In a moment of sense the House Judiciary Committee has decided to suspend the vote on the Stop Online Piracy Act (SOPA). This decision comes after a marathon day of discussion on Thursday and a follow up half a day of discussion on Friday. Originally no new vote date was set leading to interpretation that it would not happen until next year. Late on Friday it was announced that the vote would now take place Wednesday December 21.
The decision to suspend the vote on SOPA came when Rep. Lamar Smith (R-Texas), the main sponsor of the bill and comittee chairman was met by a motion from Rep. Jason Chaffetz (R-Utah) to suspend the vote until the committee could hear from experts. Specifically the experts needed to weigh in on exactly what security risks would be associated with altering DNS to block “rouge websites.”
During the 11 hour discussion on Thursday, Smith was adamant that hearing from experts about the dangers associated with altering DNS was not necessary. This seemed absurd considering there is a signed letter by 83 engineers and designers largely responsible for creating the Internet as it is today, urging the House Judiciary Committee that this bill would create major problems with Internet infrastructure as well as foster an atmosphere of fear that would stifle innovation.
The SOPA legislation currently has language that mandates ISPs to alter DNS entries to prevent users from navigating to offending sites. Engineers addressed this in their letter saying,
“The US government has regularly claimed that it supports a free and open internet, both domestically and abroad. We cannot have a free and open Internet unless its naming and routing systems sit above the political concerns and objectives of any one government or industry.”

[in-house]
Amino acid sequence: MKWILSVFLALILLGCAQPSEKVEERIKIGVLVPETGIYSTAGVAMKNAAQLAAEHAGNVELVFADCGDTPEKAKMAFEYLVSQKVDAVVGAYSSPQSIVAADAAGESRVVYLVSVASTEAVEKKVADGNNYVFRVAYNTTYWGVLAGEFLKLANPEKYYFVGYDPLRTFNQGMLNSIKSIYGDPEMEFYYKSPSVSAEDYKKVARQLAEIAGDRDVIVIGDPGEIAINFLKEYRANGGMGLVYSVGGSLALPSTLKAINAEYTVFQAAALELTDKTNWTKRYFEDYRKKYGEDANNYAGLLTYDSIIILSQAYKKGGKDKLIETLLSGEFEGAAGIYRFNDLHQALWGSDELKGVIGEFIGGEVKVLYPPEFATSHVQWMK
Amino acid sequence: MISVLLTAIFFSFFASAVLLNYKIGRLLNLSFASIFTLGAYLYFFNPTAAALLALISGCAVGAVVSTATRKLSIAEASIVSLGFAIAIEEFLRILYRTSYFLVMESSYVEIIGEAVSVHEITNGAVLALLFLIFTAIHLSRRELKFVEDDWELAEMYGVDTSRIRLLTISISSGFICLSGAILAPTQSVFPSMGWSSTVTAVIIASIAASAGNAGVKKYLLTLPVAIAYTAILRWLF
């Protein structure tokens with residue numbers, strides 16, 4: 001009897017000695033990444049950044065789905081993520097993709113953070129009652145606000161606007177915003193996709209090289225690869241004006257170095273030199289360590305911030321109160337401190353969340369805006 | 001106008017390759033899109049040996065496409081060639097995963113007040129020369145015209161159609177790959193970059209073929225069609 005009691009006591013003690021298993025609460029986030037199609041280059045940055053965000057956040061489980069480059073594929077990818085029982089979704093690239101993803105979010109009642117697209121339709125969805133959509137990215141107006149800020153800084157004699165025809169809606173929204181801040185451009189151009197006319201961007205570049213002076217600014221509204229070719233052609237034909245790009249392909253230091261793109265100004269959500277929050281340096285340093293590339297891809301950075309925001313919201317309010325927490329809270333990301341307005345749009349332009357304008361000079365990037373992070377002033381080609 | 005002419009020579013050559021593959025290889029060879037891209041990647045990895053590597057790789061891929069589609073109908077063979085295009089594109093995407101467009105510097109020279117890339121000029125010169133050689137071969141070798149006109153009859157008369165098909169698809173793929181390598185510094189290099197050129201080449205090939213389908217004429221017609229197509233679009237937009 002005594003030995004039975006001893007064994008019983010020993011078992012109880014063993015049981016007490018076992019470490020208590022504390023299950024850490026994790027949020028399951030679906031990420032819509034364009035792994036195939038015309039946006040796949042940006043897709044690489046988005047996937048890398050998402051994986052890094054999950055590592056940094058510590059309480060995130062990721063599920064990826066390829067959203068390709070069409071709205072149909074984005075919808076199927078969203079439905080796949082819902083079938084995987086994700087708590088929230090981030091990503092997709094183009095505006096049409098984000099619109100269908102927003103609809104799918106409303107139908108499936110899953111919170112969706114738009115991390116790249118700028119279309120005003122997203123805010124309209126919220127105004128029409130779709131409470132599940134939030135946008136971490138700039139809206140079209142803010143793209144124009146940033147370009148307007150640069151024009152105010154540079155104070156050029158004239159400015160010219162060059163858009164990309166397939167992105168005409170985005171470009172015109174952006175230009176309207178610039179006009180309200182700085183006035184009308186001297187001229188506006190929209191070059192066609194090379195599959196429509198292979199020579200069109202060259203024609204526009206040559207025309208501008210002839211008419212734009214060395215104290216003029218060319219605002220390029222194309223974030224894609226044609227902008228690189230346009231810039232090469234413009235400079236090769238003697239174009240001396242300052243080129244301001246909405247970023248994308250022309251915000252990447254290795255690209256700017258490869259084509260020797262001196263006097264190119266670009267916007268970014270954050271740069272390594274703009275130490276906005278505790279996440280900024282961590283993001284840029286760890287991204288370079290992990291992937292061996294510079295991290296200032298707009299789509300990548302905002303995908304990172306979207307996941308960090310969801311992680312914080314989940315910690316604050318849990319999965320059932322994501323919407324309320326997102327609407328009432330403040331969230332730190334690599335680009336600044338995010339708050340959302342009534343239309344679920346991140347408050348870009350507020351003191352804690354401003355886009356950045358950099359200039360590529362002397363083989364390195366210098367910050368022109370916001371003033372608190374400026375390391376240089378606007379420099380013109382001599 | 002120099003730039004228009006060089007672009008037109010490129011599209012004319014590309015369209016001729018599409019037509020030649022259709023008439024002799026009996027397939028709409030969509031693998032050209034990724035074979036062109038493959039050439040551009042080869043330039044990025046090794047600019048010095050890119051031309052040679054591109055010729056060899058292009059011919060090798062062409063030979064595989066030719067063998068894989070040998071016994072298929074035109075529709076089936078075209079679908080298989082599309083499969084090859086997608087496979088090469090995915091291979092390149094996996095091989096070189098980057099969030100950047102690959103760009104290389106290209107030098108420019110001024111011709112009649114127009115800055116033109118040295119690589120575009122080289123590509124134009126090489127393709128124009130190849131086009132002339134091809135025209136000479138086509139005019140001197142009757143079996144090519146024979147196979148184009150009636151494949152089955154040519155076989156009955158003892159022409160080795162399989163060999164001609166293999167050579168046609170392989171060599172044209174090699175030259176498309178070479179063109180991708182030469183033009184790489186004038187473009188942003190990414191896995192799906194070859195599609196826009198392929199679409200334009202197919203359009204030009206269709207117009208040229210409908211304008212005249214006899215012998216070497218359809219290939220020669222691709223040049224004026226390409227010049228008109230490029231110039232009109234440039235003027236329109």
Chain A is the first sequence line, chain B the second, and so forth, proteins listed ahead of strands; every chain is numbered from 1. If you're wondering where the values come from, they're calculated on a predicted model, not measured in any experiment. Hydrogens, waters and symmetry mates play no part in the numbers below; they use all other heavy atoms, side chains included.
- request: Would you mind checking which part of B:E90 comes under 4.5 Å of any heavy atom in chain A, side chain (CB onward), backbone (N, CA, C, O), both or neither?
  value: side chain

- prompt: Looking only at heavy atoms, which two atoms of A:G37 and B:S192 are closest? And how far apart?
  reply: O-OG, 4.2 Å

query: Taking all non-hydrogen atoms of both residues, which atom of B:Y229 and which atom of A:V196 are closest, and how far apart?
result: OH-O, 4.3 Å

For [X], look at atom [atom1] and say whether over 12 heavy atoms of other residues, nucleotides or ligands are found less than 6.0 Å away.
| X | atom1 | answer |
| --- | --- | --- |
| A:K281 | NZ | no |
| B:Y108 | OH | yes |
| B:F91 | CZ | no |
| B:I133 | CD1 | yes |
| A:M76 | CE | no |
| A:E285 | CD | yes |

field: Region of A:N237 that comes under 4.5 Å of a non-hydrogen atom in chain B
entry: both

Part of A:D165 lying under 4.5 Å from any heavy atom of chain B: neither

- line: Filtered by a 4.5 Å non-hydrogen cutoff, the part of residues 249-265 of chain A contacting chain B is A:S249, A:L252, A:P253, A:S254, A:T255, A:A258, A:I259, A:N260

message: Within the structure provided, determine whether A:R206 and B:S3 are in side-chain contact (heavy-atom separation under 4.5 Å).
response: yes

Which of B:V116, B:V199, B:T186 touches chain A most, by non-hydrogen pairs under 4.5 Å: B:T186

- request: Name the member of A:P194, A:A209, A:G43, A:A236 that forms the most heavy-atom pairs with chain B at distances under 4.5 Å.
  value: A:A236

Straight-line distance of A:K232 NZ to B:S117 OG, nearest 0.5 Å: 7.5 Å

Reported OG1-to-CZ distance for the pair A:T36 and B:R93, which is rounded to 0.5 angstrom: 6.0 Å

Another concern is that altering DNS entries could introduce issues with the government’s planned rollout of DNS-SEC, a technology preventing hackers from using fake DNS entries to hijack sites.
After much urging, Chaffetz convinced Smith to delay the vote so the committee could hear from experts about the problems with security and DNS that would present themselves should SOPA be enacted as is. Originally the vote was delayed indefinitely leading everyone to believe it would be pushed until January. A few hours later Rep. Darrell Issa tweeted that the vote was moved to Wednesday December 21.
Hopefully the experts will be able to talk some sense into these representatives and this legislation will get voted down. Until then be sure to make your voice heard and call your representative to tell them what you think about SOPA and why they should vote no.